As the peak shopping season gets underway, scammers are out in force with new ways to part consumers from their cash. (Photo credit: Better Business Bureau)

As the peak shopping season gets underway, scammers are out in force with new ways to part consumers from their cash. (Photo credit: Better Business Bureau)

Amazon imposters out to trick, not treat, consumers so beware

With more and more people shopping online, fraudsters are trying to take advantage of customers

The COVID-19 pandemic has more people than ever before ordering from Amazon, and scammers have been finding ways to cash in on the trend. Con artists are now posing as Amazon employees and are calling consumers claiming to need information about their account. With Black Friday and Christmas on the horizon, these calls are likely to increase.

The phone call is either a person or a recorded message claiming to be reaching out from Amazon concerning a problem with your account. Customers who have reported the calls to the Better Business Bureau’s (BBB) Scam Tracker say that they have included messages about “fraudulent” charges on a Prime card; lost or damaged packages; a credit card that has been declined; and an unfulfilled order.

Regardless of the message, the end goal is the same: tricking consumers into releasing their personal information. Some consumers shared that the scammers requested their credit card number and the log-in details for their Amazon account. In other cases, the scammers request remote access to the consumer’s computer under the guise of “helping” to solve the issue.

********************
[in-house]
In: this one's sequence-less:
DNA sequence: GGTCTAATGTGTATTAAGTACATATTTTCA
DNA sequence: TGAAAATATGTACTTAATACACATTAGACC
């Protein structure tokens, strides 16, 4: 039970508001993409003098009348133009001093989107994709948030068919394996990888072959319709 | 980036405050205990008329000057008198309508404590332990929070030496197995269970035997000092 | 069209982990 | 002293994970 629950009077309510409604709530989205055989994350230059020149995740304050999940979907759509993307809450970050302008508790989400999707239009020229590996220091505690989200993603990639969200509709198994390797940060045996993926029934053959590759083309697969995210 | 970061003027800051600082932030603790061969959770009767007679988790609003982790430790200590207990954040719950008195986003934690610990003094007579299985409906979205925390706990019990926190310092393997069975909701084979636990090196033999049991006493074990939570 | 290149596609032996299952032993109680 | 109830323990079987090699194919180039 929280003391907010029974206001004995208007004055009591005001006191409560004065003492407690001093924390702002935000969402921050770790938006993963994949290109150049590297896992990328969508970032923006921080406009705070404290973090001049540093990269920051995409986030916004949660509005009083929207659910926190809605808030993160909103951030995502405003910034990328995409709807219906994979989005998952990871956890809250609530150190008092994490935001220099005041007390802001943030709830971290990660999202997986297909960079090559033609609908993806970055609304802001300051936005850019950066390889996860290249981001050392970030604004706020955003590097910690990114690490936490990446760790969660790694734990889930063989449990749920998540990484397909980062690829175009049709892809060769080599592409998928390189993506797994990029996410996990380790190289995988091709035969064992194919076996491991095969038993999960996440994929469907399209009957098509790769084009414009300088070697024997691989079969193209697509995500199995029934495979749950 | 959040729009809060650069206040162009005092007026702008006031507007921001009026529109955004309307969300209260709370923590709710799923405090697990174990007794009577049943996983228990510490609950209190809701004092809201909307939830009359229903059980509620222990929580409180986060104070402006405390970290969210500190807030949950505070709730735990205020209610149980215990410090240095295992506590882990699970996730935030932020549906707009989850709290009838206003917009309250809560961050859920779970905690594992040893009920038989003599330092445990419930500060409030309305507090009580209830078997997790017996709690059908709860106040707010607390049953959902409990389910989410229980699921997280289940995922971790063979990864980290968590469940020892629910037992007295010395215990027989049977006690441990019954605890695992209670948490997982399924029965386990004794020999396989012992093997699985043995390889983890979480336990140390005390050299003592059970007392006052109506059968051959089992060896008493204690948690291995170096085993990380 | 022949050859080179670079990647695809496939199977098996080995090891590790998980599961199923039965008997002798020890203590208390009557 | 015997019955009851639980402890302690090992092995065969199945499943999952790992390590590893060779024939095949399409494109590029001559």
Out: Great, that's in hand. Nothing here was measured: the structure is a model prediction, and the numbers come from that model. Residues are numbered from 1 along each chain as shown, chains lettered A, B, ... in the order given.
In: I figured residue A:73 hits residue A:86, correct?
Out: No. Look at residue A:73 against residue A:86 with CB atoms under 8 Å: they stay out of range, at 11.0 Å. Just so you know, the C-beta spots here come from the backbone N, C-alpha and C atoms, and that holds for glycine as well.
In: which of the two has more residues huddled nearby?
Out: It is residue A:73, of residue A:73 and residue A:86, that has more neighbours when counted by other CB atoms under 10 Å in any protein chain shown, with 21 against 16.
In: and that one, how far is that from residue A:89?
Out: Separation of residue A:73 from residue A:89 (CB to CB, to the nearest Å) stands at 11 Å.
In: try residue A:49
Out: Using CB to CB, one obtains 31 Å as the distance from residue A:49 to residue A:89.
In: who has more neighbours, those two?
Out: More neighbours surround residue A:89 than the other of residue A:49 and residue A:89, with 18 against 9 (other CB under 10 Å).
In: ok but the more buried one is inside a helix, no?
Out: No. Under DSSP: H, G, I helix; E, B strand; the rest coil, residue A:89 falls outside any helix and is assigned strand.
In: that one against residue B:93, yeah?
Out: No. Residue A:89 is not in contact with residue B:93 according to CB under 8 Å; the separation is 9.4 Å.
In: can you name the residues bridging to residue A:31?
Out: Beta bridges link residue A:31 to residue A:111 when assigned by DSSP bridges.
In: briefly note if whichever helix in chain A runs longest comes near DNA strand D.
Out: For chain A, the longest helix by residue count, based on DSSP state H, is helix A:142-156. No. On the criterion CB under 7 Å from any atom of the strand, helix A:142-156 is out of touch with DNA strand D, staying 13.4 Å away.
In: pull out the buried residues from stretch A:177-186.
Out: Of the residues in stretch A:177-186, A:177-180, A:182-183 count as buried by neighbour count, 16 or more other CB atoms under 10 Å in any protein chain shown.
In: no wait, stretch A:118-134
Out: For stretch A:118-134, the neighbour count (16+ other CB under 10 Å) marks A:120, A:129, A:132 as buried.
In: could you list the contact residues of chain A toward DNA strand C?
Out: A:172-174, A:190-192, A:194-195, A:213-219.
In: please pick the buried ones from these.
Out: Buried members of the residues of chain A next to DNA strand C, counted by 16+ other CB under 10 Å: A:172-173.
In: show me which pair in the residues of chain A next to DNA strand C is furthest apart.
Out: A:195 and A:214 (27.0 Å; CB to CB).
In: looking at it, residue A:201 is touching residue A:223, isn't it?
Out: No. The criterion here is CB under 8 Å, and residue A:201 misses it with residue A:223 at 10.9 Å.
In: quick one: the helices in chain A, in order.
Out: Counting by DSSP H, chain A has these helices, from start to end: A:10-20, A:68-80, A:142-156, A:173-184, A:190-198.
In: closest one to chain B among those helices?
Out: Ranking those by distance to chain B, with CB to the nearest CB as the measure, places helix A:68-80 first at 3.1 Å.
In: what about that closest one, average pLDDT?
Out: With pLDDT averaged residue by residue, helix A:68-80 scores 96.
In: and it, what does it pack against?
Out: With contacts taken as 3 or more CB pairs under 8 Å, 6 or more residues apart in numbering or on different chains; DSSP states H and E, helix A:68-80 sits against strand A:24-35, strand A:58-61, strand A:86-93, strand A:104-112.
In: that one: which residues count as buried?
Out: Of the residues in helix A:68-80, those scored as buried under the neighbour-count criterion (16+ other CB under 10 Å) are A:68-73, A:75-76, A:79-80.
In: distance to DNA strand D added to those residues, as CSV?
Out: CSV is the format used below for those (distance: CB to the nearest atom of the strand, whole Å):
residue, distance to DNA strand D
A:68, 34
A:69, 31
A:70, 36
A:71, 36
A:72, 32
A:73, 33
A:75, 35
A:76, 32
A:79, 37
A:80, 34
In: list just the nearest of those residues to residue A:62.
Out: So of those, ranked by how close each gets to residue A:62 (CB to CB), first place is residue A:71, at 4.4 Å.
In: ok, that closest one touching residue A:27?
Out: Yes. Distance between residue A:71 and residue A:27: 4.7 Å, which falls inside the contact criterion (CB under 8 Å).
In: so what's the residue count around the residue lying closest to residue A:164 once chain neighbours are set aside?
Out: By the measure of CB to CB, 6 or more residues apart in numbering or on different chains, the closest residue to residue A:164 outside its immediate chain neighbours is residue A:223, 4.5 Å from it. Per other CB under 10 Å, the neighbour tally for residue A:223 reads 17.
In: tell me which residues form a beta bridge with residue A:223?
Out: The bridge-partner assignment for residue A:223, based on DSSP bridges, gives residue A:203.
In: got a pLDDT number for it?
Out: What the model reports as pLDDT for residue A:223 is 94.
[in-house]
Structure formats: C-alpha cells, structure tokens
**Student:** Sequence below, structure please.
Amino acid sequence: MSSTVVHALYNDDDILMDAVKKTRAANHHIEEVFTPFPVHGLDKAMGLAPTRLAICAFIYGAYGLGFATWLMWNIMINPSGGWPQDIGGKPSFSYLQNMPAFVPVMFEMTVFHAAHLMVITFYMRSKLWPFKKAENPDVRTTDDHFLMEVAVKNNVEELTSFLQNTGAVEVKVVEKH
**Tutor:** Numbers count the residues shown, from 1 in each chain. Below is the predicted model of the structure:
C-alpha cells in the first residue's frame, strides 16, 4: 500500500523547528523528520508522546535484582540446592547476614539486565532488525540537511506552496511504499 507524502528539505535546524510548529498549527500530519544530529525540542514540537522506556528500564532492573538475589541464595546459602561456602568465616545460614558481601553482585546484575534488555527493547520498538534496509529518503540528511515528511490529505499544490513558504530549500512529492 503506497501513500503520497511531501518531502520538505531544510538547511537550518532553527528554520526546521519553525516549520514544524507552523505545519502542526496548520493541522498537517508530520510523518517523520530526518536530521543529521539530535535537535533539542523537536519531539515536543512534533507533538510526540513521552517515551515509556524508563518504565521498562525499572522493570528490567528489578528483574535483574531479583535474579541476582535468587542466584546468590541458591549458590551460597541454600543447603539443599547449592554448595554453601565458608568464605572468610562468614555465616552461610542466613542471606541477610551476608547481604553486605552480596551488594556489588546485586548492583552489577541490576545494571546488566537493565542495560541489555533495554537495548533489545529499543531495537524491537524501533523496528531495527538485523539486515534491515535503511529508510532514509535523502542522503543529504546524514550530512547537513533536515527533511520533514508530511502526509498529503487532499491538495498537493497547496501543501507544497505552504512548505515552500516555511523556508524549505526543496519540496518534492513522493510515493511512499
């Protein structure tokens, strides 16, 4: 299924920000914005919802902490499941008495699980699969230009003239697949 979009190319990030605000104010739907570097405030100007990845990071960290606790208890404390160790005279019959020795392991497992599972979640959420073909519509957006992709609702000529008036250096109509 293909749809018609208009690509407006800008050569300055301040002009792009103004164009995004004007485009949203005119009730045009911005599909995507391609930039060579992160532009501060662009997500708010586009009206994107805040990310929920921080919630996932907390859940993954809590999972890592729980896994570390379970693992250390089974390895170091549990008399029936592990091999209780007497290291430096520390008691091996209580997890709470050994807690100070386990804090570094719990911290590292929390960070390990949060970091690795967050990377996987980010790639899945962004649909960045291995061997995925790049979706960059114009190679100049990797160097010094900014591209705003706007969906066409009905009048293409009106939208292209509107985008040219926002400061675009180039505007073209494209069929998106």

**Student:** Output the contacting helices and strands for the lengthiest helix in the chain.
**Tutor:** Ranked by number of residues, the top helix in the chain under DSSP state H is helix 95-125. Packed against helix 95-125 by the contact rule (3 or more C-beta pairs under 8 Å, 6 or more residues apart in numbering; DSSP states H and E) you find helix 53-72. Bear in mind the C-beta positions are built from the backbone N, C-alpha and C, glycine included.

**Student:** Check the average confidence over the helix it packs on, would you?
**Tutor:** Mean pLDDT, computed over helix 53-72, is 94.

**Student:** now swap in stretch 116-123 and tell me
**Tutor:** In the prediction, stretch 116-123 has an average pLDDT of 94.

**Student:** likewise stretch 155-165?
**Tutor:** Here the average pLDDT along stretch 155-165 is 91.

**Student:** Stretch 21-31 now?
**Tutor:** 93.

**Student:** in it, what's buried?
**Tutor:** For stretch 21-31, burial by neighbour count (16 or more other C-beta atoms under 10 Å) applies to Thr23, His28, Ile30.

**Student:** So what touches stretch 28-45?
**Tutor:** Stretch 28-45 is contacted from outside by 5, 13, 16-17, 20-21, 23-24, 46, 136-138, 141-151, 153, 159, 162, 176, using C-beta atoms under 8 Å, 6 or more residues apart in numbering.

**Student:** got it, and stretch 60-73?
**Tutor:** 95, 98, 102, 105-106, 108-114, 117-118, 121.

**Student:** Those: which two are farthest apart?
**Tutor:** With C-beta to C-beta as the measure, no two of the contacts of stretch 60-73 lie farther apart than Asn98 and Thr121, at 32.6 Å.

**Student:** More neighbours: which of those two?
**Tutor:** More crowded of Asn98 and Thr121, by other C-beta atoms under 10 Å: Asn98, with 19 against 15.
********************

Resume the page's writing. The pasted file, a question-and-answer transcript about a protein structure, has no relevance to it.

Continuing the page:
BBB teamed up with Amazon to share the following tips for consumers:

Be skeptical of unsolicited calls. There are instances where some departments at Amazon will call customers. If you are not sure that the caller is really from Amazon, hang up. Remember that Amazon will never ask you to disclose or verify sensitive personal information or offer you a refund you are not expecting. Amazon will also never ask you for remote access to your device. If a purchase, or claim of a purchase, sounds strange or unfamiliar, check your account in a separate web browser or contact Amazon’s customer service to verify.

Ignore unsolicited messages that ask for your personal information. Amazon will never send you an unsolicited message that asks you to provide sensitive personal information, such as your social insurance number, bank account number, or credit card details. If there is an issue with your payment method, you will receive a message by email or through the Amazon app asking you to go to your account to review the details.

Ignore calls for immediate action. Scammers try to get you to act without thinking by creating a sense of urgency. Don’t fall for it!

Beware of unusual payment methods. Amazon will never ask you to make a payment outside of their website. Requests to pay via wire transfer, prepaid debit card, and cryptocurrency are almost always a sign of fraud.

Report it to Amazon. If you receive a questionable email or call from a person impersonating an Amazon employee, report them to Amazon customer service. Amazon will investigate and take action, if warranted.



editorial@accjournal.ca

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